- Number of employees (10-49, 50-499, 500-2499, 2500+)
- to distinguish among groups with different support needs
- Employee type (salaried vs. hourly)
- to distinguish among employee product needs
This created nine employer segments with different decision-making processes, employee types and needs, and carrier support requirements.
The benefits of this approach were as follows:
- Combines several important factors that impact decision processes, product needs, carrier support and overall attractiveness
- Relatively easy to identify from the outside- findable
- Aligned to the sales approach
- Some overlap with enrollment support would allow some synergies
Customer Segmentation Model: Decision Criteria
For each employer segment, we understood the decision criteria. This included the “antes” or tablestakes to be considered, the “top-tier drivers” criteria for decision making and the “mid-tier drivers” criteria for decision making.
In addition to employer decision criteria, the broker’s decision criteria were also critical. For example, broker decision criteria included:
- Antes: doesn’t harm my current relationships
- Top-Tier Drivers: service to employer/employees, service to broker, cost to employees
- Mid-Tier Drivers: compensation to broker, technology, reputation of provider, availability of specific products, highest quality enrollment services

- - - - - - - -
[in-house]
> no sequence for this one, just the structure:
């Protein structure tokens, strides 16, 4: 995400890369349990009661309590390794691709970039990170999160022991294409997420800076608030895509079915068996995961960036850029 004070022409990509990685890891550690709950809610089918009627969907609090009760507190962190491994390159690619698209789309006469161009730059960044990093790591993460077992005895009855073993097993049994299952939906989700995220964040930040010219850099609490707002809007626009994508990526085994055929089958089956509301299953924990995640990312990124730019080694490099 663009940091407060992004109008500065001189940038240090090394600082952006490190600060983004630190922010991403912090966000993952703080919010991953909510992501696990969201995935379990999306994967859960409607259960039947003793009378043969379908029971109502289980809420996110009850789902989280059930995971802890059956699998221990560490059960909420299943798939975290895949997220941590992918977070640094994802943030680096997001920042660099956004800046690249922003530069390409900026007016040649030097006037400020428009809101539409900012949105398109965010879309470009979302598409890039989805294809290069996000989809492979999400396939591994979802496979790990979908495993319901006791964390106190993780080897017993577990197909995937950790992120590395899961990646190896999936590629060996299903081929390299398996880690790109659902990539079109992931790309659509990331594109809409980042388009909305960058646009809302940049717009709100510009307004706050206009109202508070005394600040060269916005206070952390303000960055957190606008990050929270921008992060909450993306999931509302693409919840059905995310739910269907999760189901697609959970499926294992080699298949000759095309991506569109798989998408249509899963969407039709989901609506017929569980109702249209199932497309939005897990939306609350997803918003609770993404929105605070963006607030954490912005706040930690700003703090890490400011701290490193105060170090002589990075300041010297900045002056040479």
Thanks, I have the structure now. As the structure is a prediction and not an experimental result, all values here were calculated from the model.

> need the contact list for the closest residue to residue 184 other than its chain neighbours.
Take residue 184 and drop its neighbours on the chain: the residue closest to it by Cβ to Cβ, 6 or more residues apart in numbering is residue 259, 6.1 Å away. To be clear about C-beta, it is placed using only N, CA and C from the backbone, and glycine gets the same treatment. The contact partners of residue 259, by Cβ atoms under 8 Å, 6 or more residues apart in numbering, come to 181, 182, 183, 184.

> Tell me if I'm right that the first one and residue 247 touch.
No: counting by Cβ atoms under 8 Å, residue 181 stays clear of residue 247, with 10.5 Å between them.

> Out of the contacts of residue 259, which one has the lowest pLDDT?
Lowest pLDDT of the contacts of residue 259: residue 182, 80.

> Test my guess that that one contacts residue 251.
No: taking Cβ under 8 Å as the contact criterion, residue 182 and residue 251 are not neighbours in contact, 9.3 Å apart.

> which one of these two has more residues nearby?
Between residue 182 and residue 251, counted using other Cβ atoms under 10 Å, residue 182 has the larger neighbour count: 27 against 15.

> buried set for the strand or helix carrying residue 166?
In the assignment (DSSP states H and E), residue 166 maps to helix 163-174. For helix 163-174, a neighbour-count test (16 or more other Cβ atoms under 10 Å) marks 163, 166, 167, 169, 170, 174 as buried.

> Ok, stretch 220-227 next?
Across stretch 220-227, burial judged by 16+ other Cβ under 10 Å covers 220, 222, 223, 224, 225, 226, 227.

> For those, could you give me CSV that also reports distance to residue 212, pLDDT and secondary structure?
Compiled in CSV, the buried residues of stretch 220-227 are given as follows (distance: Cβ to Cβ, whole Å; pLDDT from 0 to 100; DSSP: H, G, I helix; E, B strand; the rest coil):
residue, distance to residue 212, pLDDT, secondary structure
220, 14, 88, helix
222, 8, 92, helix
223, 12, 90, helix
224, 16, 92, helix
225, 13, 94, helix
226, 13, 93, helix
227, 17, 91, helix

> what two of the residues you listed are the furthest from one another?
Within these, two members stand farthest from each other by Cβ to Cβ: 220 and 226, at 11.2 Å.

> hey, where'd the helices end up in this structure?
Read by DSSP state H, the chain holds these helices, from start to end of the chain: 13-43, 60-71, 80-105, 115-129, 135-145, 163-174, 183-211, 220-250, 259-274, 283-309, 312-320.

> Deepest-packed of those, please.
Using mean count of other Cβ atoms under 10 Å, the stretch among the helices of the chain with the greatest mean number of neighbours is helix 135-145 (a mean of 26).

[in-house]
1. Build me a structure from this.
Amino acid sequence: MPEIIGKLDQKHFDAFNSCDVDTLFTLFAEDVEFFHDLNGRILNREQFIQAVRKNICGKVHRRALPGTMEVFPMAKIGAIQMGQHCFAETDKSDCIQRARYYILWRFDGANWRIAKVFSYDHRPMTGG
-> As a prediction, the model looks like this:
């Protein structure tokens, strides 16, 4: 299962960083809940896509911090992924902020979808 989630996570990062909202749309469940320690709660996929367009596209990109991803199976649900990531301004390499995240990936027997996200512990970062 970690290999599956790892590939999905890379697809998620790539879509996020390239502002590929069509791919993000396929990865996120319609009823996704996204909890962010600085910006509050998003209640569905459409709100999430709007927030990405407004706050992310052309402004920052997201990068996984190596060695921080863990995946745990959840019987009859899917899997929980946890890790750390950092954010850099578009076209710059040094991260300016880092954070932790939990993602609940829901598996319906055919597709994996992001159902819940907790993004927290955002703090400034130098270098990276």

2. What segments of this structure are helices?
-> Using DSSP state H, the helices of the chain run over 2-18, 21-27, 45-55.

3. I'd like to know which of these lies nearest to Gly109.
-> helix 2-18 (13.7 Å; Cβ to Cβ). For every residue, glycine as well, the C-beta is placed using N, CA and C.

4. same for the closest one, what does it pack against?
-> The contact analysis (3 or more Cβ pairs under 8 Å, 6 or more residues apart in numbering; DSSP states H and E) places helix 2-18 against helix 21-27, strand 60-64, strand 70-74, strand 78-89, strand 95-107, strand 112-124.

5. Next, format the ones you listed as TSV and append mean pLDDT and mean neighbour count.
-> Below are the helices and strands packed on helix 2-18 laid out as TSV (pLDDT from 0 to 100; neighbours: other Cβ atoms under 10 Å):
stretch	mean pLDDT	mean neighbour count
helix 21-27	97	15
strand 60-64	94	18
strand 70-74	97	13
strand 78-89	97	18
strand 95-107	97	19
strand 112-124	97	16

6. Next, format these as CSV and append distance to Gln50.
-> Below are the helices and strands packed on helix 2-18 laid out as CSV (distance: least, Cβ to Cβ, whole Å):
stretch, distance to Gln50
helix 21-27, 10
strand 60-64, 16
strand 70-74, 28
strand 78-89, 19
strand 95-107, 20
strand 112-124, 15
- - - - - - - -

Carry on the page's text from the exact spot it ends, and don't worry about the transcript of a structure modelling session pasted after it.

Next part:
Voluntary benefits enrollment is generally handled by the broker for smaller companies, e.g., 10-49 employees, while the provider typically helps with enrollment for mid-sized companies, and larger companies use self enrollment.
Criteria-Based Approach to Select Focus Targets from the B2B Customer Segmentation Model
Regular readers of the Insight to Action blog will anticipate that we used a criteria-based approach to select focus targets from the customer segmentation model. These included six criteria to make up a “Market Attractiveness” score and another six criteria that make up a “Fit Score.”
The Market Attractiveness Score included revenue potential of the segment, with measures such as number of firms, number of employees, number of employees per firm, decision process and sales cycle, receptiveness to supplemental insurance and offers higher than industry average growth potential.
The “Fit Score” was the fit of the segment with Colonial capabilities and included various measures, e.g., intensity of competition, claims experience, cost to serve (number of locations and employees), segment receptiveness to one-on-one meetings and carrier enrollment, Colonial sales and Colonial sales growth.
As shown in the visual below, the most attractive customer segments for Colonial to focus on heavily were mainly reached through regional brokers and national consultants. Colonial’s direct sales team was focused primarily on the intersection of 10-49 employee, private employers that are reached through small, one-person brokers who focus on health care.
Customer Segmentation Model Outcomes
The customer segmentation and value proposition work was foundational in changing the direction of new product development. Specifically:
- A new product category was created and added to the client’s portfolio
- An existing product was successfully restaged